Basically, when I get involved with a press, I tend to pitch in wherever I can. My editing history, music critic track record and web design and graphic design background have led me to do a lot of things in the small press that surround the fiction, as well as writing it. When I first started working with Delirium on my collection, Shane Ryan Staley asked me to do some proofing for him since I had a history of doing it for Necro, so I worked on a lot of Delirium’s early titles, including the original version of Brian Keene’s The Rising. I also designed a couple iterations of Delirium’s websites, and created a website that Delirium gifted to Brian Keene (the banner I created for that old site is still in use on Keene’s current site, though the rest of the design is gone).

I got involved in the early 2000s with a local press, Twilight Tales, where I also did proofing, as well as book layout and cover design… and because of that work I started doing book covers for Delirium. I’ve since done a book cover for Bad Moon Books, as well as my own small press, Dark Arts Books, and I’ve copy-edited novels and short story collections for Earthling, Camelot and Cemetery Dance.

When did you really start hitting the convention trail? Before or after your fiction sales started to take off?

World Fantasy 1997 was the first big convention I attended, mainly because it was just down the street from my day job. That weekend paid off because it’s where I first met Neil Gaiman (not that he’d remember!) and where I met Joe Morey of Dark Regions and P.D. Cacek, who I asked a couple years later to introduce my Cage of Bones collection.

The first time I traveled to a convention was for World Horror Convention 2000, in Denver, and I went to that because Cage of Bones was going to be released later that year, so I thought I should try to promote it a little. After that, I became a regular at every World Horror Con (except for 2009), as well as attending a couple other major cons like Horrorfind and World Fantasy Con when it came to Madison, WI, a couple hours away.

I read one of your journal entries from 2000 detailing your surprise at having sat next to Brian Keene, not knowing who he was at the time. What's that like to look back and think, “Remember when I sat next to so-and-so and didn't even recognize them?”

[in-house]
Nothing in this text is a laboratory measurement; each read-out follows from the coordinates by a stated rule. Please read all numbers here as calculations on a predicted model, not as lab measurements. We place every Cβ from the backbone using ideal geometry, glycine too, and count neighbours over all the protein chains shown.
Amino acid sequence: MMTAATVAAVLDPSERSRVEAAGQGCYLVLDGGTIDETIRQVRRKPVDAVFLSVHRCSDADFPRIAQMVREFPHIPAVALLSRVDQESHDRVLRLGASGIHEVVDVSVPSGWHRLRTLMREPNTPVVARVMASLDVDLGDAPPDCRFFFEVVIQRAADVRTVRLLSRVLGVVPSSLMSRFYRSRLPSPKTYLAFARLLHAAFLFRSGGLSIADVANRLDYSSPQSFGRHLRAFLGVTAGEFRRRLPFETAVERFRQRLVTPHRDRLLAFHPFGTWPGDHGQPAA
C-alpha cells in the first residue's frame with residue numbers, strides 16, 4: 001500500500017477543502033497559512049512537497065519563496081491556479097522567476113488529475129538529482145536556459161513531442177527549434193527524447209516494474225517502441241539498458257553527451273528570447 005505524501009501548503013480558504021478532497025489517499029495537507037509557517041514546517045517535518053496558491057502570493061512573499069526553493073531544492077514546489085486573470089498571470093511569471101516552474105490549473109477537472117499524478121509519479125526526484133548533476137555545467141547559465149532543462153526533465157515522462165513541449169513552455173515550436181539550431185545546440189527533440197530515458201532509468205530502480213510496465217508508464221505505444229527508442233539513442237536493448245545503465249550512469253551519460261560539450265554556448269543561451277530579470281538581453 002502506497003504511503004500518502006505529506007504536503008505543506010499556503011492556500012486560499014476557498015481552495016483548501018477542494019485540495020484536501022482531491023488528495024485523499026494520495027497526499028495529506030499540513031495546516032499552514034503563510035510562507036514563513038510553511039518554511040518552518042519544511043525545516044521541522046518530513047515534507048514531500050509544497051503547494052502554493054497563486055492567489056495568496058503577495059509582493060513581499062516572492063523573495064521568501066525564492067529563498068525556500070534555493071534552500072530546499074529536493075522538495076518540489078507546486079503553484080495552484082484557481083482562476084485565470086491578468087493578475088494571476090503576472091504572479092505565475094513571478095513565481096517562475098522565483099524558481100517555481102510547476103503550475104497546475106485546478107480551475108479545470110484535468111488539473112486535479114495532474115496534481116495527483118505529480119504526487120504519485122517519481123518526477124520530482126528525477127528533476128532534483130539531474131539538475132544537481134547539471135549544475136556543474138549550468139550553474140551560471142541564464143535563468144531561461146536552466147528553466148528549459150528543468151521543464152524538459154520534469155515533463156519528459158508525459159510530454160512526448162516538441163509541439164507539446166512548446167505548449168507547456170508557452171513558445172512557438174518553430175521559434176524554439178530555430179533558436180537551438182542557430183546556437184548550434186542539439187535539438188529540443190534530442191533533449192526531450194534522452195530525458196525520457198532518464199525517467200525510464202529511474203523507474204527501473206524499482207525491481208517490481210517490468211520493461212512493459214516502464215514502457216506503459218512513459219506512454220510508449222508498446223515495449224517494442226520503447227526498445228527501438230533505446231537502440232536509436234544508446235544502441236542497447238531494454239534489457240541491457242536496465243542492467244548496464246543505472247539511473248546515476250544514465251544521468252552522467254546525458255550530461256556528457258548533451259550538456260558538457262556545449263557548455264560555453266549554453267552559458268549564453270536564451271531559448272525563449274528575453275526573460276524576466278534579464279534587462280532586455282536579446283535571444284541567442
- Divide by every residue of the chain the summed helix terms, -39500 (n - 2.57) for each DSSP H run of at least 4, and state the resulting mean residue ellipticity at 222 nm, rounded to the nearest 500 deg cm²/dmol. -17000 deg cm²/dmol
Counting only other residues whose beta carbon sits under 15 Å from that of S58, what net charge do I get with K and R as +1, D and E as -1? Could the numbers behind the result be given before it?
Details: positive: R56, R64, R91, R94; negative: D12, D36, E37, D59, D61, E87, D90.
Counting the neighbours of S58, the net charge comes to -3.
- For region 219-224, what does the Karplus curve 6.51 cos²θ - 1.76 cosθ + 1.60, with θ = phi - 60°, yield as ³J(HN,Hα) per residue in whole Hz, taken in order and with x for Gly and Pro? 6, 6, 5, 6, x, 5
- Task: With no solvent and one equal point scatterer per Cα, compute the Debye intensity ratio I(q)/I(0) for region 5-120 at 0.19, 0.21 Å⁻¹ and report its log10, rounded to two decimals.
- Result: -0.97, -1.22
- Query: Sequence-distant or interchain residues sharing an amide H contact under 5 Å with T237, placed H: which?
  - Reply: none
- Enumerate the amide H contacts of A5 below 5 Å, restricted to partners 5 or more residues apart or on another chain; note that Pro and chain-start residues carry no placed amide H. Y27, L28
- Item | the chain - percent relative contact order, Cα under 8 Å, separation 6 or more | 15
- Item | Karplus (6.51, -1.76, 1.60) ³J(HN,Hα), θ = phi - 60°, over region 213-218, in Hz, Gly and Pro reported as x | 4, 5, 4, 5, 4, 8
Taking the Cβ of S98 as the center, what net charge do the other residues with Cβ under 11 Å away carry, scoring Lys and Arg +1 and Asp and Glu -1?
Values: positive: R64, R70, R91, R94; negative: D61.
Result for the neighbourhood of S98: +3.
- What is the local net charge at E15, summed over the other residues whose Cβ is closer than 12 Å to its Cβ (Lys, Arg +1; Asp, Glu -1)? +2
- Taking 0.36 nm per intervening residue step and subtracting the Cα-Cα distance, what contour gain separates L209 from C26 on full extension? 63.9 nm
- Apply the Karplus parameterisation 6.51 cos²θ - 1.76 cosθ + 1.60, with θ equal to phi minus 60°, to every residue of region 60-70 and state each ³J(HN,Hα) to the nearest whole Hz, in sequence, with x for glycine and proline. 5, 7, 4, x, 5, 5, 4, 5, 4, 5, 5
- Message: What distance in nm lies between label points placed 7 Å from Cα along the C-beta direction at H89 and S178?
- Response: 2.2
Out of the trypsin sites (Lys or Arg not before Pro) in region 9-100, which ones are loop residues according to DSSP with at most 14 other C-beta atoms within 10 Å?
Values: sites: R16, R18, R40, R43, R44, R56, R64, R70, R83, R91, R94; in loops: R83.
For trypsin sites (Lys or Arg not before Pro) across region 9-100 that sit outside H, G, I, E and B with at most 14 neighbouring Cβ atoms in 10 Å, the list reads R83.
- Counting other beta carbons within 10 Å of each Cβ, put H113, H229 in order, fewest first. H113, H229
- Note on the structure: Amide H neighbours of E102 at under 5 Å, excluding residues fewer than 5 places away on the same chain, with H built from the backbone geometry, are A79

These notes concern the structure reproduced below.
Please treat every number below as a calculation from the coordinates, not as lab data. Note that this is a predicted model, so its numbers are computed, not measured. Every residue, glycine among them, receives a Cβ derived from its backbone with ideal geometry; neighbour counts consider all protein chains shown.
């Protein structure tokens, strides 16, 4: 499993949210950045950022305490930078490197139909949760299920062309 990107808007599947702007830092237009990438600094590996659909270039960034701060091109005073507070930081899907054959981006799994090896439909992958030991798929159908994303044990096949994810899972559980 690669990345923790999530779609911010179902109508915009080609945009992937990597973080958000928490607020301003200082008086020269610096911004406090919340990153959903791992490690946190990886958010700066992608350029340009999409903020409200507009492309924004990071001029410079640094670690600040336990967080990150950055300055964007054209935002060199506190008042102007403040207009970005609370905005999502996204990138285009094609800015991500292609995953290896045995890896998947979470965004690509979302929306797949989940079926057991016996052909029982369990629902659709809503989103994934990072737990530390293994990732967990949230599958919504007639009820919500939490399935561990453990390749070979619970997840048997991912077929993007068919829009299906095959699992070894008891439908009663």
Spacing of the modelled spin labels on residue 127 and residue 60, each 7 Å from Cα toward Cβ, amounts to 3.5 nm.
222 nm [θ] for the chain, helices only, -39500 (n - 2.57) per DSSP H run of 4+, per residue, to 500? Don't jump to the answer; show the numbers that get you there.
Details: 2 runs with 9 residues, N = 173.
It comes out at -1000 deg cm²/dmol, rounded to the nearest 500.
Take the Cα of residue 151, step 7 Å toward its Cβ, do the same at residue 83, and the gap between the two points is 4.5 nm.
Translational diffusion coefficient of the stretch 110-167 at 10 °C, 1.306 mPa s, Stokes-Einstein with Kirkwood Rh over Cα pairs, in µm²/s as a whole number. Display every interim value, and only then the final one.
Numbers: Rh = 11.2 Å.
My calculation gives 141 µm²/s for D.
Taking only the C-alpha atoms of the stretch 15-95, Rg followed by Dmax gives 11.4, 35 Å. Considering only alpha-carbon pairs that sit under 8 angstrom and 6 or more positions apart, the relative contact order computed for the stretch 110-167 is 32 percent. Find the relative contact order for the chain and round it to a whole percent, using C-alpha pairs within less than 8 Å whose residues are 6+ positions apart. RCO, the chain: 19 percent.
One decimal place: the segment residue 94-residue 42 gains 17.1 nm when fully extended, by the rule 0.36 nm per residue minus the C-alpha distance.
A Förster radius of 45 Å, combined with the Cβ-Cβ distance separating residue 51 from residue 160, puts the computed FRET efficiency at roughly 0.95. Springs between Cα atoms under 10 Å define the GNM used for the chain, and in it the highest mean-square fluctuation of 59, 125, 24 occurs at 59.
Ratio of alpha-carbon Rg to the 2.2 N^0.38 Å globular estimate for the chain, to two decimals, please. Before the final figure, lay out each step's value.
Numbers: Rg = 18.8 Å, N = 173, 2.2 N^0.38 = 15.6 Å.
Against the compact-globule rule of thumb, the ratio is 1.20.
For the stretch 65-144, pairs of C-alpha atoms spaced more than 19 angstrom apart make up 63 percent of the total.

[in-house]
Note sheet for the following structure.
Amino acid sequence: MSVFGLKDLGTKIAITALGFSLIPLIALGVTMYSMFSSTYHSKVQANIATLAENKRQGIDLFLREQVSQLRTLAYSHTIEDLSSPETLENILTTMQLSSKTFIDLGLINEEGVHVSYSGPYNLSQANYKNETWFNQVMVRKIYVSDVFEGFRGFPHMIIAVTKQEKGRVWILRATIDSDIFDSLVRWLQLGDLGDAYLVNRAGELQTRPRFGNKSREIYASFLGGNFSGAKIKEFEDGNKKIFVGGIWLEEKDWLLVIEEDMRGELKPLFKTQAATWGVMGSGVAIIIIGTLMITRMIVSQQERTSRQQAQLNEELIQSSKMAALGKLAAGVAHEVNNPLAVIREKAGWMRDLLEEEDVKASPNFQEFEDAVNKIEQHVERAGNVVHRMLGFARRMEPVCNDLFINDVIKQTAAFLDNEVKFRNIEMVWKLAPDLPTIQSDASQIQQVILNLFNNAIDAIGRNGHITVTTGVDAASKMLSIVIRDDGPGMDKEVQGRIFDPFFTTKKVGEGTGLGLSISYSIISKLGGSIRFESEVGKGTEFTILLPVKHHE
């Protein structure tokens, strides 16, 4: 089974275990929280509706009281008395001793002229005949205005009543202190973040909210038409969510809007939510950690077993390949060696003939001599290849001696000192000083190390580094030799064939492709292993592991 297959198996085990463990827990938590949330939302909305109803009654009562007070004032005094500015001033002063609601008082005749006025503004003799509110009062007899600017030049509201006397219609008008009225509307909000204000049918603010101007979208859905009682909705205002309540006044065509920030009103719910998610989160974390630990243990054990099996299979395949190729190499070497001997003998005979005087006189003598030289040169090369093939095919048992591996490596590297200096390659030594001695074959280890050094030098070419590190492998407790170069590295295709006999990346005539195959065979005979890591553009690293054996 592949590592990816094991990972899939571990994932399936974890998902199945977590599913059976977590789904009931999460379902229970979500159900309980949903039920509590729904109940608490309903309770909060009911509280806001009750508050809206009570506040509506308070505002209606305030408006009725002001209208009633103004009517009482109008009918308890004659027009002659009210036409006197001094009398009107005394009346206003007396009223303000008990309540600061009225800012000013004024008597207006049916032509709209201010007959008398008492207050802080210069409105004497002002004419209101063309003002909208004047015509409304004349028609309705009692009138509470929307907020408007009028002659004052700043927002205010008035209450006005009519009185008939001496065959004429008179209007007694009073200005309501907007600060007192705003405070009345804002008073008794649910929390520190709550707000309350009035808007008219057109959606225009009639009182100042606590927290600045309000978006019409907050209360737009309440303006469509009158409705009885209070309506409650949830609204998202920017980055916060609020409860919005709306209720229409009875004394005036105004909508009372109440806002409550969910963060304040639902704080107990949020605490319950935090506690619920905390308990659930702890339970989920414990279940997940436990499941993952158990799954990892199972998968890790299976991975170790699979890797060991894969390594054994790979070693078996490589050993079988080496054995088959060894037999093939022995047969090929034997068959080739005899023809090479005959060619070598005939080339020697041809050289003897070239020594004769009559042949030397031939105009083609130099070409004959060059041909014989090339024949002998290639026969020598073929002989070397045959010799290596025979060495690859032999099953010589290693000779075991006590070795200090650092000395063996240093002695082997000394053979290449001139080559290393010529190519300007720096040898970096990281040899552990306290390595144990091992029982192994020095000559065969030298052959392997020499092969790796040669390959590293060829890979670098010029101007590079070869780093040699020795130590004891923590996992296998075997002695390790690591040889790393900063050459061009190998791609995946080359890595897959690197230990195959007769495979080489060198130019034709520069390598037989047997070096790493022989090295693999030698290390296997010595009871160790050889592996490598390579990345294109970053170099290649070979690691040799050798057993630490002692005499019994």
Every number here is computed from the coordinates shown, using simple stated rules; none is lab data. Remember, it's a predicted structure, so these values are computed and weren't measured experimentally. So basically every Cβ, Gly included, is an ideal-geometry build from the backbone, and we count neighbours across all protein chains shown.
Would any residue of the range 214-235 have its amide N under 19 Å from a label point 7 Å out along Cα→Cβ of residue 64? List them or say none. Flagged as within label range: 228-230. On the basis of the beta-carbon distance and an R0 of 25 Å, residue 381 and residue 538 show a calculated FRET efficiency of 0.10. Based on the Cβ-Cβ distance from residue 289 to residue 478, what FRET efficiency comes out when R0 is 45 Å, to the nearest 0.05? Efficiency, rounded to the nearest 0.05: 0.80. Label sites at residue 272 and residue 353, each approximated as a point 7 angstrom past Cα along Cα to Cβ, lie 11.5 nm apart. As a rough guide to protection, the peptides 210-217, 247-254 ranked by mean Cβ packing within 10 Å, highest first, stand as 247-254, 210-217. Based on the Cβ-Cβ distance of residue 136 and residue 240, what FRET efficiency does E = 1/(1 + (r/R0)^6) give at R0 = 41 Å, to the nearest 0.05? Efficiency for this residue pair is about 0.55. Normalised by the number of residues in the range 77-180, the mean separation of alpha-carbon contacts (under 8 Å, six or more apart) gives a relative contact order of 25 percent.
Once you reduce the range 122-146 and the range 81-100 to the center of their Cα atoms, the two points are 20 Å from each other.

Well, at that time, Brian was still just a short story writer, just like me. We’d published in a lot of the same places, but neither of us had broken through to novels yet. So my surprise then was not so much that I’d sat next to “Brian Keene” but that I’d sat next to a guy who wrote a really good blog about the con. “Brian Keene” means a lot more now then it did then! But we’ve since crossed paths many times over the years – and a couple years ago he handed over the mantle of editing the In Delirium II anthology to me (he conceived and created the original edition).

My real “wow, I sat next to…” moment did occur at that 2000 WHC though, and I didn’t really realize the wow factor until much later. While I was sitting on the bed in a hotel room with GAK and Dave Barnett and others at the Borderlands Books party, Richard Laymon was sitting in a chair next to us. I remember him being really nice and easygoing… but I had no idea who he was. His catalog hadn’t started being reissued like mad here in the states yet, and I’d never read any of his work up to that point. So there was no starstruck response from me… I had no idea. I wish I had – it was just a year or two later that he died, and only after that that I discovered The Cellar.

Read our review of "The 13th", then read Part II of our interview with John Everson.